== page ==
After one of the top liberal-arts colleges in the country decided to ban Wikipedia from history research citations, GW isn’t planning on following suit.
History professors at Middlebury College, a liberal-arts school in Vermont, unanimously voted in January to prohibit students from using the online encyclopedia for anything more than background research. GW History Department Chairman Tyler Anbinder said such drastic action is not likely at GW. Wikipedia is a free encyclopedia on the Internet that any user can update or edit.
“I sincerely doubt the GW History Department will be making a rule like (Middlebury’s), because the assignments that our faculty members give don’t really lend themselves to much use of Wikipedia,” Anbinder said.
The department chair and professor said he requires his students to use primary sources from the era they are studying, which means Wikipedia use is never allowed.
Anbinder said students aren’t the only ones lazily using the site. Some professors rely too much on Wikipedia for lectures, he said.
“It can be a crutch at times for faculty as well as students,” he said. “Wikipedia is so easy to get and so easy to use that people tend to rely on it more than they should.”
Increasing reports of Wikipedia-fueled misinformation in student papers caused the Middlebury vote, said the school’s History Department Chair Don Wyatt. The department officially required that the Wikipedia ban be included in the syllabus of every history class.
Wyatt said that while he supported the initial ban of citations, he was unwilling to denounce the Web site entirely.
“My colleagues and I would really be among the first to go on the record saying that Wikipedia should be used, but users should recognize its strengths and its deficits,” he said.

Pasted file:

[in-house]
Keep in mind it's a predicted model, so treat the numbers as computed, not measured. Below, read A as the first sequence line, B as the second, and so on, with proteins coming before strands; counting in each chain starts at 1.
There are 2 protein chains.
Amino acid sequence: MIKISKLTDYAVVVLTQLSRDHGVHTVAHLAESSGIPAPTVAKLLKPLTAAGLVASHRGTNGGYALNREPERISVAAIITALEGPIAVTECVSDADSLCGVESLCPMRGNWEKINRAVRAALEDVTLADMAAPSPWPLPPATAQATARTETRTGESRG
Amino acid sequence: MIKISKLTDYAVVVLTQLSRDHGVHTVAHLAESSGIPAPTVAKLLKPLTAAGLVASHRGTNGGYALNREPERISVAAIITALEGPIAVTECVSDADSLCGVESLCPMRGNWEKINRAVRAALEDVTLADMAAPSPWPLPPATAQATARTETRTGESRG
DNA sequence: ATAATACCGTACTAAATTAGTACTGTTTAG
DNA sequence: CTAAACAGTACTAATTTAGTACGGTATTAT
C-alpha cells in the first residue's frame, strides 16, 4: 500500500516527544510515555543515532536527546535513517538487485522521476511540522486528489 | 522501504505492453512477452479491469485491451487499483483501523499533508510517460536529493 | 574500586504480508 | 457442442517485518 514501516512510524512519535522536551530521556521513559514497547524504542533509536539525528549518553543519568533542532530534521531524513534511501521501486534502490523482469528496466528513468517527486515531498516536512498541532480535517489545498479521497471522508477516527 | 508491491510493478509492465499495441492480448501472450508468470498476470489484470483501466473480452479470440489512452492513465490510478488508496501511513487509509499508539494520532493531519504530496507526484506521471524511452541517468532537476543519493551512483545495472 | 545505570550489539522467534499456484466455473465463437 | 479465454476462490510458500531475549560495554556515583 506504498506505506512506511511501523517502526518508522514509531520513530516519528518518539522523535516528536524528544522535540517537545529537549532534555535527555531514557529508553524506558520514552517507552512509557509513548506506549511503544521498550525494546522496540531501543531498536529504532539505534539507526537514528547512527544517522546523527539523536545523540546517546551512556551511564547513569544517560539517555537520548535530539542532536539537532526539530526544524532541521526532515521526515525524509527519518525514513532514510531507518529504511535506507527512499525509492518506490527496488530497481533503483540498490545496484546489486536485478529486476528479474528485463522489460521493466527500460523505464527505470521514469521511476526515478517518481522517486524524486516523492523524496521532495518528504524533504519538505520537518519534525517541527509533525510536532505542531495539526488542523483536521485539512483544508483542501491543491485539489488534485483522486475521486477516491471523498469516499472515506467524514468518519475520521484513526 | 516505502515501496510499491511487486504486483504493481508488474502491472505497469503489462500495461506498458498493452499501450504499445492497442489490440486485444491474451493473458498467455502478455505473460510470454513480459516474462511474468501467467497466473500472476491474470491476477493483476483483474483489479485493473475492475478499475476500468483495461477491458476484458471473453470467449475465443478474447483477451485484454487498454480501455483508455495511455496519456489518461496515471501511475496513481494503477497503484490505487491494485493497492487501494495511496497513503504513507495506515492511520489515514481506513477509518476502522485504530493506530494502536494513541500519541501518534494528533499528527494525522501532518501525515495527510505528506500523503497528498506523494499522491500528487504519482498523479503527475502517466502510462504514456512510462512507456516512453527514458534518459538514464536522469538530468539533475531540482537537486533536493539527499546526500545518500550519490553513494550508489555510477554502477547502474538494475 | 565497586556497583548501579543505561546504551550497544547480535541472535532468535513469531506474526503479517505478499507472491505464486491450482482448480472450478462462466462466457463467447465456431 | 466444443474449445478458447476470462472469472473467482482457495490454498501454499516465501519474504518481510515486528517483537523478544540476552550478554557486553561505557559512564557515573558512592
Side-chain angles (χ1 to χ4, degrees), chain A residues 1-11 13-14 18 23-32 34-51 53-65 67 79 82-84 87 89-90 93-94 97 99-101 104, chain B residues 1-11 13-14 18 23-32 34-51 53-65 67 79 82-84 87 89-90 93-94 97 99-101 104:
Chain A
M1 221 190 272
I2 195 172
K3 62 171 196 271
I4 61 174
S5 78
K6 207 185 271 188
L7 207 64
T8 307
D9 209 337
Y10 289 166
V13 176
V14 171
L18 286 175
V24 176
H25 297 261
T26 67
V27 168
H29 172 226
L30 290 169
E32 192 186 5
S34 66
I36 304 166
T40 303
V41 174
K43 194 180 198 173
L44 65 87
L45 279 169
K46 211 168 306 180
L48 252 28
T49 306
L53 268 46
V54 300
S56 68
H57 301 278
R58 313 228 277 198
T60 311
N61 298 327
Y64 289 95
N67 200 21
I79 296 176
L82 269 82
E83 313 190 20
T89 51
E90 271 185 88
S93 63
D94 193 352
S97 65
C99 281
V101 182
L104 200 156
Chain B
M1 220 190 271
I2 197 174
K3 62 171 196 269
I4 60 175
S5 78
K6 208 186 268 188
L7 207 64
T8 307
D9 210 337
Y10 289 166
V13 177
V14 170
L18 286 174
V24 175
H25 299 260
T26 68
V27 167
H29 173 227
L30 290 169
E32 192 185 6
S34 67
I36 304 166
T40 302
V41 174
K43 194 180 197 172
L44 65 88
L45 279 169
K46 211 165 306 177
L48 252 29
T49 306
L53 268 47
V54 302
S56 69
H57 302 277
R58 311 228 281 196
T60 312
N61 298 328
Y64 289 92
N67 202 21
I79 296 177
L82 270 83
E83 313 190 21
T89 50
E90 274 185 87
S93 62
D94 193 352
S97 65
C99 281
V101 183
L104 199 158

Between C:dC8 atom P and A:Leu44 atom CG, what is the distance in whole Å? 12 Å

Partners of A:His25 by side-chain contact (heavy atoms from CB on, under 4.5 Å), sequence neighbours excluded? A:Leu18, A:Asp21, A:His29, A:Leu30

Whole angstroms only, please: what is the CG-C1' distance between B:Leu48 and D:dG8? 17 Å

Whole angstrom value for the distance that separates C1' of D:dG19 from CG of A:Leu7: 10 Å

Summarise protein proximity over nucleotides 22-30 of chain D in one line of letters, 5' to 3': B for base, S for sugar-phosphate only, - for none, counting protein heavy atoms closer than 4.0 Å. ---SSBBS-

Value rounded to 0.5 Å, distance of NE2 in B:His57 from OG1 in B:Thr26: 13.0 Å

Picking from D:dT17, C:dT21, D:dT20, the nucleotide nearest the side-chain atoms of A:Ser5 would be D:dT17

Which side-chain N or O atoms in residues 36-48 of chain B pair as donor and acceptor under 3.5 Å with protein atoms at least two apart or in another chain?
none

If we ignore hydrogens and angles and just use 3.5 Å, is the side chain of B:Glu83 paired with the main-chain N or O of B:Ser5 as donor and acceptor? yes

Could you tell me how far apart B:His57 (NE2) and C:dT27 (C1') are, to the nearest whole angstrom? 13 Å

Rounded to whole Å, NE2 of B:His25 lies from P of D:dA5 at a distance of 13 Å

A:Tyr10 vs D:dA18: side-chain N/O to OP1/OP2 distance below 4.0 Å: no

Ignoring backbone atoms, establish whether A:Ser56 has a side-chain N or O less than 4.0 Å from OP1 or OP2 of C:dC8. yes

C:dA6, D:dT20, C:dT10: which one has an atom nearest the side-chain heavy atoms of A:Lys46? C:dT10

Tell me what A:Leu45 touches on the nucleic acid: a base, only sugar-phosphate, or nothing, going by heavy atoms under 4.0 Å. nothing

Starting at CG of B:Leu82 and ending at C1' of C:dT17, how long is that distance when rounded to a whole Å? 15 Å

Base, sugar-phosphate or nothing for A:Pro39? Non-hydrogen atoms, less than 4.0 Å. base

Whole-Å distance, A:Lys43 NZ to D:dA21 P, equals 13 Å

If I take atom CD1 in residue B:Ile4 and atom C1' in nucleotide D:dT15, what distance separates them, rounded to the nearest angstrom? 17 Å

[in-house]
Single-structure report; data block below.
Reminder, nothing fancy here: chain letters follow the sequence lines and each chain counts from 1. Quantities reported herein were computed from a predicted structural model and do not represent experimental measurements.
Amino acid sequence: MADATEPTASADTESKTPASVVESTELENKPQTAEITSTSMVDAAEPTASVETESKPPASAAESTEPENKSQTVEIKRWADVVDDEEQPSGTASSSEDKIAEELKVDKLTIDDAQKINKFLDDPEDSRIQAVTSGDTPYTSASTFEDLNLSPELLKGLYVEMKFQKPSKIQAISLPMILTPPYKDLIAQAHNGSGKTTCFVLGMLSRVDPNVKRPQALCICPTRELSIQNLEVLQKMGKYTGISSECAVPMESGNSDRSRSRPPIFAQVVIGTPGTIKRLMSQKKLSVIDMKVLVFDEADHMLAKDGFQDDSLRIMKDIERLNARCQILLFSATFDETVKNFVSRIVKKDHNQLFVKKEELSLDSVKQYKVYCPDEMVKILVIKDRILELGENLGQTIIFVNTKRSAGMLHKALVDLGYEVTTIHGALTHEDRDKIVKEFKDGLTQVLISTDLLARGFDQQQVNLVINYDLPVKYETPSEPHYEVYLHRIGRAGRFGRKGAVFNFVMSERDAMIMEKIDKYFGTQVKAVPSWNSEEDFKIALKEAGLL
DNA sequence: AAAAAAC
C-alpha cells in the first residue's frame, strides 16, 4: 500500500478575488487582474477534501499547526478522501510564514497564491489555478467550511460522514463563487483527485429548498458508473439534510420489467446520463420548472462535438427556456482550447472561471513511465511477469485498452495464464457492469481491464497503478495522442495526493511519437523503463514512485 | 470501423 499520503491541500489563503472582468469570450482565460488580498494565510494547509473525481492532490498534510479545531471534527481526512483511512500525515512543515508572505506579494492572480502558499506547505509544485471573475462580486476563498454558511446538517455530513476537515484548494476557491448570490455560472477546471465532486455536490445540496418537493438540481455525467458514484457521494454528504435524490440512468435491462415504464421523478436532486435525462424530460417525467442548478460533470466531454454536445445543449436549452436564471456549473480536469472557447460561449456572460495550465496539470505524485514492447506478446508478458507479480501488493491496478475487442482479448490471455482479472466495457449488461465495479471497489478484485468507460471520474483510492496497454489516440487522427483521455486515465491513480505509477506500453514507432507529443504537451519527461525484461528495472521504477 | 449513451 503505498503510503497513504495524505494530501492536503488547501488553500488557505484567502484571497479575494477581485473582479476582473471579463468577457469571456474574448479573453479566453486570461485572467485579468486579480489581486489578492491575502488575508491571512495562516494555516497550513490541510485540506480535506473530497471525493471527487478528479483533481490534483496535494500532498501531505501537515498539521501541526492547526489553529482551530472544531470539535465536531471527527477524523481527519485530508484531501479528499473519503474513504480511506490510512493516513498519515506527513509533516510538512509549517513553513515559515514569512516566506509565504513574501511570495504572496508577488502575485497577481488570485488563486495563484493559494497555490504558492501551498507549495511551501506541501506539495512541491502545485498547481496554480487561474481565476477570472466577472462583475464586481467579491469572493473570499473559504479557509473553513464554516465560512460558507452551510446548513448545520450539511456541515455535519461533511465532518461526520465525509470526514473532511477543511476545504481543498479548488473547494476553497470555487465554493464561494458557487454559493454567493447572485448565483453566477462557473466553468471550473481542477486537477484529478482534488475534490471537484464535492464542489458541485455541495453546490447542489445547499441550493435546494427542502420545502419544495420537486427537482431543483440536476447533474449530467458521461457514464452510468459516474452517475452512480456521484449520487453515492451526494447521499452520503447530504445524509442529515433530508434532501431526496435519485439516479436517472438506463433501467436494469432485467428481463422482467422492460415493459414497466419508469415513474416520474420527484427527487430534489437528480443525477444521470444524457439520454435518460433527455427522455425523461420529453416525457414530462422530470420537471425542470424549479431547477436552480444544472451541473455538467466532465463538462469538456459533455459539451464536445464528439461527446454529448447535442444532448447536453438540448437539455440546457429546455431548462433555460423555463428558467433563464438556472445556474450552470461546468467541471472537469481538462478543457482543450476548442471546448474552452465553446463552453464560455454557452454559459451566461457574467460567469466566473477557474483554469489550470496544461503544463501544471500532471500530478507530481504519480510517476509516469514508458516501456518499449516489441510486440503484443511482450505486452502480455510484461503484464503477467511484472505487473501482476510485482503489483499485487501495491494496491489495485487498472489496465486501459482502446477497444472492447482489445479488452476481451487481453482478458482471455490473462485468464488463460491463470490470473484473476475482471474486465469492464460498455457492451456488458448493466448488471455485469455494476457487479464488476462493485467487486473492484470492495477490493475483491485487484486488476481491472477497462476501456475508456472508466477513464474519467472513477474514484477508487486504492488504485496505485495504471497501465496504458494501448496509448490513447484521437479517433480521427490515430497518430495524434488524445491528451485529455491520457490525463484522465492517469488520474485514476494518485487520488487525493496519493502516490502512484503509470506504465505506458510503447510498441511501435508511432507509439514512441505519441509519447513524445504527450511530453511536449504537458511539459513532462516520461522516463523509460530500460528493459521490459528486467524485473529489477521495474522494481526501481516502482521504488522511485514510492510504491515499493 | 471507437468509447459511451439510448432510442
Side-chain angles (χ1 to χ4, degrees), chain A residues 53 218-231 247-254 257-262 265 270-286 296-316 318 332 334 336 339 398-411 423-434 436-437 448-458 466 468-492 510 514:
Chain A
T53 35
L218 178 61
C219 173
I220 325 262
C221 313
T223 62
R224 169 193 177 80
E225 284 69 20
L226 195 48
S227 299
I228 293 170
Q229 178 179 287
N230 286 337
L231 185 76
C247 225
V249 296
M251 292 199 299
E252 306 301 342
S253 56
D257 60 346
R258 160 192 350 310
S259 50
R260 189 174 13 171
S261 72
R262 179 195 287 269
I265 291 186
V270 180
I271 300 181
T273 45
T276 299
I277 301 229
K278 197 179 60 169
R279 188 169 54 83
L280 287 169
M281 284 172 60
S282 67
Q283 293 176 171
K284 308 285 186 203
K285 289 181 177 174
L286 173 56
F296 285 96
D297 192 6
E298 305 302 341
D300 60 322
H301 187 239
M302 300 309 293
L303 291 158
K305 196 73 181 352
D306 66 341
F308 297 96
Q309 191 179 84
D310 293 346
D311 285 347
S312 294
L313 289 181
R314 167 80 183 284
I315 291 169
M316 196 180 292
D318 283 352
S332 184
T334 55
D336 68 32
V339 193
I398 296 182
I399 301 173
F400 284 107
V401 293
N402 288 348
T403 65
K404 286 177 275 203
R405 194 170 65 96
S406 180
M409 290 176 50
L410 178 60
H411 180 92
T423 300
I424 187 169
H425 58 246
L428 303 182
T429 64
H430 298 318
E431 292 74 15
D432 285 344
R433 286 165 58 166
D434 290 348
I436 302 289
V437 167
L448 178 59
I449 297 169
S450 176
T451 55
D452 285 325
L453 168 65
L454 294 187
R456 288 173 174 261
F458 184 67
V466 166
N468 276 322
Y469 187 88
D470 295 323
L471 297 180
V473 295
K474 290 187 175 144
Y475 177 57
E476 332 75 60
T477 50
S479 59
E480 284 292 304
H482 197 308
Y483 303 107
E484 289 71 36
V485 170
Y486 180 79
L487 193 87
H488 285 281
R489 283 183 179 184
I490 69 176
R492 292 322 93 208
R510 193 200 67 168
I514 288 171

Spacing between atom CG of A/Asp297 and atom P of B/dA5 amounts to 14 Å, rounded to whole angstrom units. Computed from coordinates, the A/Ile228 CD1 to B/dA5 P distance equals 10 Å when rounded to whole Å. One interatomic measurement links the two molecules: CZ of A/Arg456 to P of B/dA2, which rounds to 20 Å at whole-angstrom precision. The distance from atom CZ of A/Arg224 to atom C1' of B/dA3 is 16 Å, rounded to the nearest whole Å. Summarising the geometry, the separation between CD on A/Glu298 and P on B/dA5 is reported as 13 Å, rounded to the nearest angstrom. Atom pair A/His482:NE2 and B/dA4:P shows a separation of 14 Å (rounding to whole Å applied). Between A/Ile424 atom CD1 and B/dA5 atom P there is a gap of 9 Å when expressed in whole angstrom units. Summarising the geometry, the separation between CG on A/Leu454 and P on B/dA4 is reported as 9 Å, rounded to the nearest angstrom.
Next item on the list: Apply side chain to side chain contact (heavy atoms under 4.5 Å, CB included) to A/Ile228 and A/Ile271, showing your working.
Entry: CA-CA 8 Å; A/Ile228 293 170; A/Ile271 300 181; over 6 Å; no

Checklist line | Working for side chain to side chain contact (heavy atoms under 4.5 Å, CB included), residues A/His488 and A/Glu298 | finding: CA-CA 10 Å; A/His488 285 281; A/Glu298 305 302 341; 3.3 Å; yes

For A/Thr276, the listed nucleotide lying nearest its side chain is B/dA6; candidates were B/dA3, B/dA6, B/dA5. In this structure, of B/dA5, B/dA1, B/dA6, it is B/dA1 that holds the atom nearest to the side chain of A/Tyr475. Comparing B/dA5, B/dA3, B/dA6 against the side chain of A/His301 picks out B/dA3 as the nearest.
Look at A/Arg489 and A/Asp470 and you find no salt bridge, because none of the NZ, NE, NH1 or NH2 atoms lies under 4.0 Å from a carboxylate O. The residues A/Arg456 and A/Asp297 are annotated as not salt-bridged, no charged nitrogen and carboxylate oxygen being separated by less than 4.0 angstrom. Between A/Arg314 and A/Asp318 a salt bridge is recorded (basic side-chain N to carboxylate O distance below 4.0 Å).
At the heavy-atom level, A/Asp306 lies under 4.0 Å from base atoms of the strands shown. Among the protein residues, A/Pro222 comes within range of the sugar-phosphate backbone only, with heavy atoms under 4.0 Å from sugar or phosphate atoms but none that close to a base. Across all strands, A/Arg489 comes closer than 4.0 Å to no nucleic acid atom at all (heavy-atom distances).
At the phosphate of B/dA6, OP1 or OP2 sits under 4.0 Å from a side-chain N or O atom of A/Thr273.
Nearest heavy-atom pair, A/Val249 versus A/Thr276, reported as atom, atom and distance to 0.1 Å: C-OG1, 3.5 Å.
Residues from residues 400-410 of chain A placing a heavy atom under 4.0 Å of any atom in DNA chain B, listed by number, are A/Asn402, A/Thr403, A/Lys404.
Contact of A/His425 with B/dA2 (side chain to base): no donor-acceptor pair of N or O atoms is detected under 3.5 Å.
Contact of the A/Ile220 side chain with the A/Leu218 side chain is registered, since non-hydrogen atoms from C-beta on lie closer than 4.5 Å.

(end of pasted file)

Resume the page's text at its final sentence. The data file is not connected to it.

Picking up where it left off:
He said the benefits of the online resource include up-to-date bibliographies and general knowledge on unfamiliar topics. Despite these, Wyatt said the site is too unregulated to be used as a primary source.
“In its current state, (Wikipedia) should never be consulted exclusively and under no circumstances whatsoever should it be cited,” he said.
The open-editing process of Wikipedia allows anyone to modify an existing article, regardless of the accuracy of the information. This format has forced Wikipedia to compromise between its accessibility and the integrity of the articles it contains.
Even Middlebury College professor Neil Waters, who drafted the original policy statement, admitted to using Wikipedia as a starting point for some of his research. But he emphasized that he never uses it as a final source.
“It’s not authoritative; it’s a product of anonymous authors, some of whom are very good, some of whom are merely passionate,” Waters said.
A 2005 study in the science journal Nature found only a small difference in accuracy between Wikipedia’s content and that of Encyclopedia Britannica. Britannica issued a rebuttal of the science journal’s findings, but it is still cited as evidence of the Web site’s benefits.
Waters added that even the founder of Wikipedia, Jimmy Wales, admitted the Web site is not always accurate. Wales stated in a 2005 interview on National Public Radio that users “should take Wikipedia with a grain of salt.”
In GW history classes, students seemed unsurprised to hear of the recent restriction on Wikipedia use at Middlebury.
Junior Matt Hirsch, who is currently taking a European history class at GW, said he did not consider the online encyclopedia a reliable source.
“I wouldn’t use Wikipedia for papers, maybe if I wanted to know something for a quick fact,” said the international affairs major.
Although she had heard of the study in Nature, sophomore Stephanie Sell said she still doesn’t consider Wikipedia a good source for paper citations.
“I just use it for background information, for dates, to check facts more than anything else.”